LumberJocks

A French Cleat Camera Mount

  • Advertise with us
Project by Mike posted 11-23-2015 05:45 AM 2114 views 3 times favorited 12 comments Add to Favorites Watch

After having some issues with camera placement in my shop while video taping I came up with a camera mount that I can place almost anywhere on my walls. Using a spare tripod and some hardware I developed a French Cleat Camera Mount. This video also includes the steps I took to develop the project and a demonstration of the camera on the mount.

If you have questions or comments, I’d love to hear from you.


View on YouTube

-- look Ma! I still got all eleven of my fingers! - http://www.lepelstatcrafts.etsy.com - https://www.youtube.com/channel/UCppWfrYGXCr5lm9uW-Fpqqw





12 comments so far

View redryder's profile

redryder

2394 posts in 2564 days


#1 posted 11-23-2015 05:53 AM

I don’t watch too many videos on the internet but sometimes I do. Your process seems like a sound one.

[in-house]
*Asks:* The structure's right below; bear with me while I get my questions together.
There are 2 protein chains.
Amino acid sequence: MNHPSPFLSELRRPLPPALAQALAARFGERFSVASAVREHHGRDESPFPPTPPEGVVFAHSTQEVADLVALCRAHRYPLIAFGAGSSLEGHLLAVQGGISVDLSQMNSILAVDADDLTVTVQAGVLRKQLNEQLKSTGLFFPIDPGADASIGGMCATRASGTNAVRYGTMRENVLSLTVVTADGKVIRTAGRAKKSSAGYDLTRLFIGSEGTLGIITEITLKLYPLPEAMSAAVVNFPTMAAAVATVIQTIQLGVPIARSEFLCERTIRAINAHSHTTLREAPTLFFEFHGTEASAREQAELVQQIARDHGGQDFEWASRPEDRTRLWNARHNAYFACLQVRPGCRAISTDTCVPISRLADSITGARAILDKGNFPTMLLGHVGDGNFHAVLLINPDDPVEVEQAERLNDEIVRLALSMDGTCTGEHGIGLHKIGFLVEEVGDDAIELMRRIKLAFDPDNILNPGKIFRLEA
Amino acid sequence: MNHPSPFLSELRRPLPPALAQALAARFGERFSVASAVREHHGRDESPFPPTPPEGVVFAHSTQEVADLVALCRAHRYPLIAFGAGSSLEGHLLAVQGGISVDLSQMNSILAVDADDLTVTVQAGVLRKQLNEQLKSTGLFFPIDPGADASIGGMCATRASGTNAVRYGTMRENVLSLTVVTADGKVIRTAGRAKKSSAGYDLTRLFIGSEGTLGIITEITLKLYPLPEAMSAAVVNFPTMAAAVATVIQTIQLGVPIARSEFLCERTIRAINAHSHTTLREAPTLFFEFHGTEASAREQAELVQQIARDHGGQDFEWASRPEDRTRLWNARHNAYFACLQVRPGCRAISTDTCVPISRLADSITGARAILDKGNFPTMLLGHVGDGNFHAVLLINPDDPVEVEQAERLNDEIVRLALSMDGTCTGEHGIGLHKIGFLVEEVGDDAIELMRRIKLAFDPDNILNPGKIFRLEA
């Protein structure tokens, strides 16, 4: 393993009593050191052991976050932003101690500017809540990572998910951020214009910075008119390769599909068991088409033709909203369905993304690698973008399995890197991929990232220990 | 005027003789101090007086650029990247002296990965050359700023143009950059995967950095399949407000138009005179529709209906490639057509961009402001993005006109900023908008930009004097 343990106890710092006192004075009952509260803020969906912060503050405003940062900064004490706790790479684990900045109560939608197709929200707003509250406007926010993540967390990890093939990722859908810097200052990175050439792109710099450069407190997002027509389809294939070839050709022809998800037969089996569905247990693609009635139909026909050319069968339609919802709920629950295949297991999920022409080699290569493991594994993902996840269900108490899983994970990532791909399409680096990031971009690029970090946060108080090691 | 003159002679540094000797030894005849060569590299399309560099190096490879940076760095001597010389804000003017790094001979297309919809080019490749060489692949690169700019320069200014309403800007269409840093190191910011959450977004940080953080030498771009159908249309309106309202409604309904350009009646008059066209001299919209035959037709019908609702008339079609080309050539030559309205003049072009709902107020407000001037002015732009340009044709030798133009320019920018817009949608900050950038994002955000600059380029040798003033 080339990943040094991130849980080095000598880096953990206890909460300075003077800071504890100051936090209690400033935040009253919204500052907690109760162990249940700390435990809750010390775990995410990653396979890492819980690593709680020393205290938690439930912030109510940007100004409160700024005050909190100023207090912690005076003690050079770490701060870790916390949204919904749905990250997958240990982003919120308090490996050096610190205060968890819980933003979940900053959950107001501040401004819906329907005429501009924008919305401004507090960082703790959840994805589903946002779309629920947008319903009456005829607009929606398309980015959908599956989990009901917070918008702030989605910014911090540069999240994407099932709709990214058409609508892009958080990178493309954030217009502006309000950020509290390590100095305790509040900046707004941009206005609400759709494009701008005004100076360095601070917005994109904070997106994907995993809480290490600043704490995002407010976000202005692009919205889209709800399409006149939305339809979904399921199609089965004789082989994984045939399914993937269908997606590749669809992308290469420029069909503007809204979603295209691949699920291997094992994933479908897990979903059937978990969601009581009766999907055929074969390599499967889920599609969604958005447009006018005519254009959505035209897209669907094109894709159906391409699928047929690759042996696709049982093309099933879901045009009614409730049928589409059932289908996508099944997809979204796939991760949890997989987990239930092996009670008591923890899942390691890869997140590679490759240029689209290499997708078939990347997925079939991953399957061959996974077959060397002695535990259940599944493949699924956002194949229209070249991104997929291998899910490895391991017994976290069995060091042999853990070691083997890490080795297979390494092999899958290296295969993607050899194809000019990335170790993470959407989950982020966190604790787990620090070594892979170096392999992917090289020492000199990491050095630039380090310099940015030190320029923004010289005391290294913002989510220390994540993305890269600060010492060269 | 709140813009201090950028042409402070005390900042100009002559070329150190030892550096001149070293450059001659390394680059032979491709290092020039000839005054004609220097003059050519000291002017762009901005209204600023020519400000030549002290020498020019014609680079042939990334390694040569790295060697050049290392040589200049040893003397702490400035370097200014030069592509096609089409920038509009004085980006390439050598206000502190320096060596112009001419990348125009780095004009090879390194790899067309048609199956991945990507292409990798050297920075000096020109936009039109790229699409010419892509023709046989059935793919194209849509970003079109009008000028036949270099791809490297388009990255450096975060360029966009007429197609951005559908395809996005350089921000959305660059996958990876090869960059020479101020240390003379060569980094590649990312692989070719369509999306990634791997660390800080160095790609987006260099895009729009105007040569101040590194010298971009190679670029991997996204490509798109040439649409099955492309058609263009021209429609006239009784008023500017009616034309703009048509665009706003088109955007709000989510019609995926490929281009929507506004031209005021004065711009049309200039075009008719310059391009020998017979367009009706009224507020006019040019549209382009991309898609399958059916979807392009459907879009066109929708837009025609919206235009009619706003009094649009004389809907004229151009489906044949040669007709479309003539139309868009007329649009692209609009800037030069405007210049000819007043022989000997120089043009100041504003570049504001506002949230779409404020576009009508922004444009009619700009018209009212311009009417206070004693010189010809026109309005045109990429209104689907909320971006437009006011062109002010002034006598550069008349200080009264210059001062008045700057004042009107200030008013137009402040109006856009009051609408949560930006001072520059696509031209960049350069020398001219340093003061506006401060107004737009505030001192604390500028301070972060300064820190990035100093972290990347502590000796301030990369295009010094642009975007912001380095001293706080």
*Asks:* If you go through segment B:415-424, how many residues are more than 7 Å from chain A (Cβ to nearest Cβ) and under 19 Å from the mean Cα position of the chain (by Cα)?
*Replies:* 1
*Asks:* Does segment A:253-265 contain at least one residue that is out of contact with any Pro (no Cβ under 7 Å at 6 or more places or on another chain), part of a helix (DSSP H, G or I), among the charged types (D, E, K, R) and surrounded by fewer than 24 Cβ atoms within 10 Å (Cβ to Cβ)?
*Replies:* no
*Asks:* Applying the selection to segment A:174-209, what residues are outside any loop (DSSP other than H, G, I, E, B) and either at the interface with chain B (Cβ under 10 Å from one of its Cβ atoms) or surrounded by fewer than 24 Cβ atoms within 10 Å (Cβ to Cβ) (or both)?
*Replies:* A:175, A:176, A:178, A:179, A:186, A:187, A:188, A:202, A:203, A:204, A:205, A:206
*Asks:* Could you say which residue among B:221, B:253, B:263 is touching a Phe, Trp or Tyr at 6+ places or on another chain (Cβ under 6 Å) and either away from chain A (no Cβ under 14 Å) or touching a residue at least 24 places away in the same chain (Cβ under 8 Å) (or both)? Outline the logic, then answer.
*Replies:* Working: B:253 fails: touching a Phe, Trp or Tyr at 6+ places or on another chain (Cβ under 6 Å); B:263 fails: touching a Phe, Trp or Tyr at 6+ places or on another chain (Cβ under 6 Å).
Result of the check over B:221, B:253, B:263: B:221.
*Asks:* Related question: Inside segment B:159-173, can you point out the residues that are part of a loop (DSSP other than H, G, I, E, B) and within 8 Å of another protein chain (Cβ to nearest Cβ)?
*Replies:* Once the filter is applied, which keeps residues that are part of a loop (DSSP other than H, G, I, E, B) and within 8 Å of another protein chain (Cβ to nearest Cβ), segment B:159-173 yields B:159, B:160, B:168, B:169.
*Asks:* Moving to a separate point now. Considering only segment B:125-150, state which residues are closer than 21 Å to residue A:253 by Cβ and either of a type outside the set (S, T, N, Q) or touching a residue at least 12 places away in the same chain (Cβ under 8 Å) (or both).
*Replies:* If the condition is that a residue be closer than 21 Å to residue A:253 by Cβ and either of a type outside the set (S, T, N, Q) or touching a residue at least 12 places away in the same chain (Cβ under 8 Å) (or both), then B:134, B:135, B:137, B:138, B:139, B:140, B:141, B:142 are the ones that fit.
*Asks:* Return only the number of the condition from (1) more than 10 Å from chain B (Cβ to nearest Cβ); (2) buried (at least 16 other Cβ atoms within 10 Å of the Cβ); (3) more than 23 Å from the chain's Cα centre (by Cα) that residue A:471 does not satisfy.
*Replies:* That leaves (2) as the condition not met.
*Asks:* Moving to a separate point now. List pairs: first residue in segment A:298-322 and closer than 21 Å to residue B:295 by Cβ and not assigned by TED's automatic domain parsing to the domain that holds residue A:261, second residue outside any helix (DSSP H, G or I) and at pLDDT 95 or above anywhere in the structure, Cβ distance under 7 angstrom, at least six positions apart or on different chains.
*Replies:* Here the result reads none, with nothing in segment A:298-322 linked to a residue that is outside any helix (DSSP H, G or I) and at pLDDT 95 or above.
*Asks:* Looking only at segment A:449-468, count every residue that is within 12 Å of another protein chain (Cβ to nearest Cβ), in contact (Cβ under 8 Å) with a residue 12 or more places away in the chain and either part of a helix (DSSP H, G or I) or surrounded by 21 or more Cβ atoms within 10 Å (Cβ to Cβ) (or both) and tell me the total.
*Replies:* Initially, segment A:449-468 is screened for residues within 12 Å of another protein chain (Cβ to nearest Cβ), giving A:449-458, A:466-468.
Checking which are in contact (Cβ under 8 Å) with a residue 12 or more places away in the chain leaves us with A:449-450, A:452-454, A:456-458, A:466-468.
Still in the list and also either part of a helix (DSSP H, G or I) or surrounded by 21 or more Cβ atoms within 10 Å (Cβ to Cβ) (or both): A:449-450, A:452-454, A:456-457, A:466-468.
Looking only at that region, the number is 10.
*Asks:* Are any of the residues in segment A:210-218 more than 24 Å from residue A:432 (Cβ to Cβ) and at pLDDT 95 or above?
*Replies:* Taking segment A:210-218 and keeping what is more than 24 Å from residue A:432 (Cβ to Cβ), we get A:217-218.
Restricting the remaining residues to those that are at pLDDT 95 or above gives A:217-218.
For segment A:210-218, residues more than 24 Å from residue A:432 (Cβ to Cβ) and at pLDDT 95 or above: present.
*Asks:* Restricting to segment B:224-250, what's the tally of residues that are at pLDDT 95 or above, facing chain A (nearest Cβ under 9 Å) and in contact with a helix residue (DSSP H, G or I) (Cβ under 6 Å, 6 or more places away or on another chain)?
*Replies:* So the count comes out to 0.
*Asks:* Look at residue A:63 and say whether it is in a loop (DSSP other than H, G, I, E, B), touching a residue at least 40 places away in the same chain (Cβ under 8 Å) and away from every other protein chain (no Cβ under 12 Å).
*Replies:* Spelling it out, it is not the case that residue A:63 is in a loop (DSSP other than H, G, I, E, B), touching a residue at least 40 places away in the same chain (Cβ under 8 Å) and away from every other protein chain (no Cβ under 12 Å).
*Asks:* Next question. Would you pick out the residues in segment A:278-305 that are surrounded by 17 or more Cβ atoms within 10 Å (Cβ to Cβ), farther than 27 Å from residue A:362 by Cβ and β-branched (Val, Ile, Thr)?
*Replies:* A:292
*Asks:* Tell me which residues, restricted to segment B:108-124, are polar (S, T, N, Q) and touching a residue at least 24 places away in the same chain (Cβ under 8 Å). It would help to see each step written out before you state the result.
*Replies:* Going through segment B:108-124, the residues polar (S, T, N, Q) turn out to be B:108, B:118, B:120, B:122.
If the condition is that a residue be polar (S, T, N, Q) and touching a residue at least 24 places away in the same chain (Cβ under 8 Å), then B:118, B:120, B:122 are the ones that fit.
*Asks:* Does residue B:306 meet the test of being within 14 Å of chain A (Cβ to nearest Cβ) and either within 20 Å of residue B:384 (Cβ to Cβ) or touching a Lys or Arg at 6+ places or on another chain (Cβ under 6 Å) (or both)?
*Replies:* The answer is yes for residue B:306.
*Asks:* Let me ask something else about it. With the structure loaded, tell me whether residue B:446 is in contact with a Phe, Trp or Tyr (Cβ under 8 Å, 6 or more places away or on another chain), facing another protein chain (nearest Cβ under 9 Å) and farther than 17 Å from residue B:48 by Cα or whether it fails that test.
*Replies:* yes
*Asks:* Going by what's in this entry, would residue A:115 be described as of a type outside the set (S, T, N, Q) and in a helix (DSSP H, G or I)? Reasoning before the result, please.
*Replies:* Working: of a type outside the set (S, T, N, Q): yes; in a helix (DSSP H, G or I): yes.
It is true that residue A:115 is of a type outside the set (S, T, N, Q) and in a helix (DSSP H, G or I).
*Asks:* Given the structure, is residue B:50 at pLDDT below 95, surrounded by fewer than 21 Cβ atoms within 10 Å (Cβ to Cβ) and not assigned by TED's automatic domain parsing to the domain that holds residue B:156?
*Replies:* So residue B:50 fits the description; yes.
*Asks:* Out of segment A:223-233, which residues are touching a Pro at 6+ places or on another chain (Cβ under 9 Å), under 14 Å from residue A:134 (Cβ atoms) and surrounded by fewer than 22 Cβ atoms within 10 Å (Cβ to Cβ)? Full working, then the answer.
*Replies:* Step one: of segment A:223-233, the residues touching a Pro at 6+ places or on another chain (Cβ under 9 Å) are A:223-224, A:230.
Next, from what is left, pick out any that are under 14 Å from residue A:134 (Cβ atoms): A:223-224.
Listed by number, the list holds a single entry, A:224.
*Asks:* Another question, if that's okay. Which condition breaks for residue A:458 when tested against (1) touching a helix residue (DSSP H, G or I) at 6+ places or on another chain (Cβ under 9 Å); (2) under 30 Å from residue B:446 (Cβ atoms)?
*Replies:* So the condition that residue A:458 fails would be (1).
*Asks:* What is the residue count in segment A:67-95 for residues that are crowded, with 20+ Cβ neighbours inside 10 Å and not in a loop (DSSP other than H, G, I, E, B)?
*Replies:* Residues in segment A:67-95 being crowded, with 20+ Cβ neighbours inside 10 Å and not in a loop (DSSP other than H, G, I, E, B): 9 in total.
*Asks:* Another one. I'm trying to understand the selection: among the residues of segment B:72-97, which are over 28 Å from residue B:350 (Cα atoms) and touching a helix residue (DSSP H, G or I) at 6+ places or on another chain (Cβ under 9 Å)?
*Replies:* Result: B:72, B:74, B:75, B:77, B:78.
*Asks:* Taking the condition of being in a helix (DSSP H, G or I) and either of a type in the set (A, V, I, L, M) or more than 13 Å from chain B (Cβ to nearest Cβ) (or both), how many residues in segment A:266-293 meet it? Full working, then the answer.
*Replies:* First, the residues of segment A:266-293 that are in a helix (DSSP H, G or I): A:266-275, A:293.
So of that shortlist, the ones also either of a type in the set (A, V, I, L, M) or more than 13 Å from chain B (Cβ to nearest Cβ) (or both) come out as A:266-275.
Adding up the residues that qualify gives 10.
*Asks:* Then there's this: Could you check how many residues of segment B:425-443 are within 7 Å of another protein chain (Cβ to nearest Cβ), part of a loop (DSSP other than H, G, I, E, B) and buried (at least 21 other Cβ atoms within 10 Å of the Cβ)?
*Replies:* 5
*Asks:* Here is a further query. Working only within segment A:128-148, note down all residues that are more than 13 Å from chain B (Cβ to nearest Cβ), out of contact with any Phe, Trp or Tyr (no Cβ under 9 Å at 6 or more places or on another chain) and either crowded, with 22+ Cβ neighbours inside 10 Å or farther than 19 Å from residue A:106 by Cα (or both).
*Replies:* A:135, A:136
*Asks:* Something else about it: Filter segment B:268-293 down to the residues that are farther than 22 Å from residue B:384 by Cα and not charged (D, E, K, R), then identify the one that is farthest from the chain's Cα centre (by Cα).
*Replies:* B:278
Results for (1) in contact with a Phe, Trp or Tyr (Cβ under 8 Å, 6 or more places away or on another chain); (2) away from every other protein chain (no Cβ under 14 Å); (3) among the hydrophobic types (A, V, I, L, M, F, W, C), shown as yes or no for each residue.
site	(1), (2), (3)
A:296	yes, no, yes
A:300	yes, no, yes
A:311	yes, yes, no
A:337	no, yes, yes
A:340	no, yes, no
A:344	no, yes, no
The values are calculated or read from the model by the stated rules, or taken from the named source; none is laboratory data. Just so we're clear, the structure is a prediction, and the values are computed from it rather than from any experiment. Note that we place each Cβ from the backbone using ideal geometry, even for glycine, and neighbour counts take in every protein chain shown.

At least your photos are not posted upside down or sideways. This seems to be the champion website for that…....................

-- mike...............

View Mike's profile

Mike

406 posts in 2150 days


#2 posted 11-23-2015 05:57 AM

Lol thanks Redryder. I try very hard not to have upside down photos or something sideways. A camera is just like a tool. The more you practice with it, the better you can get.

- Mike

-- look Ma! I still got all eleven of my fingers! - http://www.lepelstatcrafts.etsy.com - https://www.youtube.com/channel/UCppWfrYGXCr5lm9uW-Fpqqw

View Colin's profile

Colin

158 posts in 826 days


#3 posted 11-23-2015 07:44 AM

Cool vid – I was trying to find out what a French cleat was – i think it must be an American thing LOL!

-- Live Forever...............or Die Trying

View albachippie's profile

albachippie

757 posts in 2498 days


#4 posted 11-23-2015 11:28 AM

Neat idea Mike. It does look a little vulnerable mind you, with the centre of gravity being so high relative to the angle/joint of the cleat. The stability of the french cleat system (which I love by the way) relies on the object being hung having it’s weight below the joining point. I am sure you are aware of this, and as long as you’re happy with it, that’s what is important.